Whether you’re an aficionado of a particular historical period or you’re always looking for new information on a new area of history, you’re going to find something to interest you in the new historical fiction coming out this month at the Field Library, from the French Revolution to the Soweto Uprising in South Africa, with authors you know and authors you’ll be meeting for the first time.
Allison Pataki needs no introduction to historical fiction buffs. Her last three books (Sisi, The Accidental Empress and The Traitor’s Wife) were New York Times bestsellers, and her newest novel, Where the Light Falls, will almost certainly join them on the list. This book takes characters from different walks of life in France during the later part of the French Revolution (a lawyer moving his family from Marseilles to Paris because that’s where he feels he can do the most good, a young man from an aristocratic family who wants to turn his back on his heritage and join the army instead, and a young woman who is seeking her own kind of independence) and through their struggles and sacrifices illuminates the chaos that turned the ideals of the Revolution into the blood and horror of Robespierre and Danton and the Reign of Terror. If you’re well-versed in the ins and outs of the French Revolution (so different in many ways from the American one that preceded it, but not unlike the Russian Revolution that followed it), you’ll want to read this gripping fictional account. And if you aren’t that sure about the details of the French Revolution, beyond knowing something about guillotines and storming the Bastille and Napoleon, this is a great place to get your feet wet and to spur you to do a little more reading into this most fascinating period of history.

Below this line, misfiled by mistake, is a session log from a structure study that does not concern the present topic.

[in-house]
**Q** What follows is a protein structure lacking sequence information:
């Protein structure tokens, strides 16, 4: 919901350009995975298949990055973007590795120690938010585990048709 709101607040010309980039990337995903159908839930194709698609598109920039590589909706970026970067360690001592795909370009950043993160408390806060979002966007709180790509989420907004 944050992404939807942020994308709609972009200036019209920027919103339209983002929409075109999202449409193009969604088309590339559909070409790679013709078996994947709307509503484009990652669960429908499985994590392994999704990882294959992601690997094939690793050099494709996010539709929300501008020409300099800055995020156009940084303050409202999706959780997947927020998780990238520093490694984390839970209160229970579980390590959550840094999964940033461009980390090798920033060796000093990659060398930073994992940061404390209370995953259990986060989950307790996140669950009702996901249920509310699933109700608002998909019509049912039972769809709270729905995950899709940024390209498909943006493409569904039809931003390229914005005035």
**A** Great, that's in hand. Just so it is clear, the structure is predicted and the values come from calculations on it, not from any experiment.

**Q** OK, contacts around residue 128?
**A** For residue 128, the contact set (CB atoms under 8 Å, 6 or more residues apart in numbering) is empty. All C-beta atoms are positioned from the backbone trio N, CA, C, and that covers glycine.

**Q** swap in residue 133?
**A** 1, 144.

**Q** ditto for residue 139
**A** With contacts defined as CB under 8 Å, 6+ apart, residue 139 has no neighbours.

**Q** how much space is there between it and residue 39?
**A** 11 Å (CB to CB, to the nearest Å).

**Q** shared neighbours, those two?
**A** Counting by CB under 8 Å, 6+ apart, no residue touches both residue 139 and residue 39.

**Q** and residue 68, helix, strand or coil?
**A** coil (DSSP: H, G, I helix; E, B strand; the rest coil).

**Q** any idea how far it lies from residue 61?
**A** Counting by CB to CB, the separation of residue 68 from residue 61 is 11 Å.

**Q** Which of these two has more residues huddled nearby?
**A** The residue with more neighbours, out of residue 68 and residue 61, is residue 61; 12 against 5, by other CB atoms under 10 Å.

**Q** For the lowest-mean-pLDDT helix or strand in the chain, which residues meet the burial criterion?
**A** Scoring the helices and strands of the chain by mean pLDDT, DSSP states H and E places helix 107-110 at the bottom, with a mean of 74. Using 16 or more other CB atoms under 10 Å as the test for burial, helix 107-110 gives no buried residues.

Or, if you’re interested in something a bit more recent, though still in the realm of history, you could read Bianca Marais’ Hum If You Don’t Know the Words, a book set in the 1970’s in a South Africa still living under apartheid. Robin Conrad is a ten year old white girl in Johannesburg, unaware of how very privileged she is. Beauty Mbali is a Xhosa woman living in the Bantu homeland attached to South Africa (and treated by that country as a puppet state), a widow trying to raise her children in a rural village; she’s entirely aware that her life is shaped by her race and that there are few if any ways for her to escape her situation. The Soweto Uprising in 1976, led by black students and brutally repressed by the police, bring these two unlikely people together. Robin’s parents are killed, and Beauty’s daughter disappears in the aftermath of the uprising. Robin is sent to live with her irresponsible aunt, and Beauty comes to live with her as a caretaker, while Beauty is still looking for her lost daughter. Robin’s emotional connection with Beauty and her blindness to their respective positions in the society leads to tragedy, and Robin must find a way to make amends, as she learns more and more about the rules of the society that she took for granted. If you’ve read and enjoyed The Help and The Secret Life of Bees, you’ll see parallels in Hum If You Don’t Know the Words.